The issue was that each year far, far more “Georgian” wine made its way into the Russian market than could ever possibly be produced by Georgian winemakers. Most of these were faked – some could even be poisonous, according to my Russian co-workers. I was insistent, seriously underrating the amount of effort it was going to take to find a genuine Georgian bottling at the local market. I think we examined about a dozen bottles, during which I had no idea what I was looking for in terms of validating the provenance of the bottles in front of us, and a line of increasingly solemn and angry Russian shoppers began to form behind us at the shop counter. All the while, my co-worker was repeating “Нет, не это” (“no – not this one”) to the shopkeeper, while loosely explaining to me in English why we shouldn’t accept the last bottle as the shopkeeper reached for the next alternative.
“This can’t be Georgia wine,” he said, “the shape of bottle is all wrong.”
We did eventually succeed in purchasing a genuine bottle of actual Georgian wine, and enjoyed its ripe, peppery red fruit with dinner. I think we also succeeded in pissing off a good number of the local shoppers in Stupino (though they are Russian, so they should be used to standing in lines, right?).
The bottom line is that fake wine is very, very real and endemic problem in some markets, like Georgian wine and really, really old French bottlings from top Chateau. Most of you reading this aren’t ever likely to encounter a fake, but if you ever want to splurge on one of the big boys, you should at the very least inquire to the shopkeeper about the history of the bottle.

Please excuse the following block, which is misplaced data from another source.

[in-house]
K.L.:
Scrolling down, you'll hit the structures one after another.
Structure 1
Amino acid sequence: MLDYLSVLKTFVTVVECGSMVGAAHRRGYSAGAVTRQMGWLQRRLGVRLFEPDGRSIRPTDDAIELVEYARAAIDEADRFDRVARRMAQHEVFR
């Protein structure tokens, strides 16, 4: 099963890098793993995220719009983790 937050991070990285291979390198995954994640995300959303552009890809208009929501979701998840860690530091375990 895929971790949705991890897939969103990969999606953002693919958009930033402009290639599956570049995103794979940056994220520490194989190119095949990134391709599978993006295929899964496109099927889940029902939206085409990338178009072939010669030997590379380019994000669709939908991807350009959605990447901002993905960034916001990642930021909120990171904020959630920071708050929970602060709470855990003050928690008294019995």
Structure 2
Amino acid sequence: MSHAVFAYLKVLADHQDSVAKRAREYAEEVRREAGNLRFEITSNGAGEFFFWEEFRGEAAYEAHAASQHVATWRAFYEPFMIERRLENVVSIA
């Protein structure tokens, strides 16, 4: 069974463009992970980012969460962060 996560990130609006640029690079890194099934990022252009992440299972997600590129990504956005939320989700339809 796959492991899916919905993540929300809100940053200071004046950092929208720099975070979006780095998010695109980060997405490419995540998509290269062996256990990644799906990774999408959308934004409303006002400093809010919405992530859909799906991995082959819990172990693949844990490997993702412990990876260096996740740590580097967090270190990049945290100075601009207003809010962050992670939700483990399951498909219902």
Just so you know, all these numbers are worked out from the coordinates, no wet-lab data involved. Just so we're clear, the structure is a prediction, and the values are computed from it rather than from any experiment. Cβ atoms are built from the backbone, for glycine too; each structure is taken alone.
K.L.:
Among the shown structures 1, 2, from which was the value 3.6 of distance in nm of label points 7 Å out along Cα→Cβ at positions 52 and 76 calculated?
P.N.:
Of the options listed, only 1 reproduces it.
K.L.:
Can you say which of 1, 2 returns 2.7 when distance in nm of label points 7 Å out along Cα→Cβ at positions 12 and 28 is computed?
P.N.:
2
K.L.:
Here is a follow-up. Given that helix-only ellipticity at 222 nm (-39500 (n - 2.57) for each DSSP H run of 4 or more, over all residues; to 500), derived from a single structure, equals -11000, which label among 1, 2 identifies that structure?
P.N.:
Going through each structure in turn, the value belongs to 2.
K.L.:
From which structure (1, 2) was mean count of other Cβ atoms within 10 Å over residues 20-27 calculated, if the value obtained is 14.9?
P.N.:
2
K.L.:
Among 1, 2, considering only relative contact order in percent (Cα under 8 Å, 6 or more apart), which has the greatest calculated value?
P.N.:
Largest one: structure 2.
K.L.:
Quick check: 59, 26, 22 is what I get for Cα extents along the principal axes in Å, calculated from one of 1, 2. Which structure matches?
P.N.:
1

Even though we’re about 600 words into this post, I’ve only just gotten started – and we’re not going to talk about fakes. We’re going to talk about why smart, talented people get duped by fakes. Sort of like MTV’s Punk’d, but for wine, and on a massive, multi-millions dollar scale.
People like Robert Parker (the world’s most influential wine critic), Jancis Robinson (one of the wine world’s top writers), and Serena Sutcliffe and Michael Broadbent (who headed the international wine departments of auction houses Christie’s and Sotheby’s, respectively).
The names above constitute a large part of what could well be considered the High Priests of wine (more on the religious overtones – which are fundamental to the issue of being duped – in a moment or two). And all of them were duped by a man named Meinhard Görke, better known as Hardy Rodenstock, widely considered to be the perpetrator of the most expensive wine frauds in history – a story told with expert prose and excellent research in Benjamin Wallace’s The Billionaire’s Vinegar.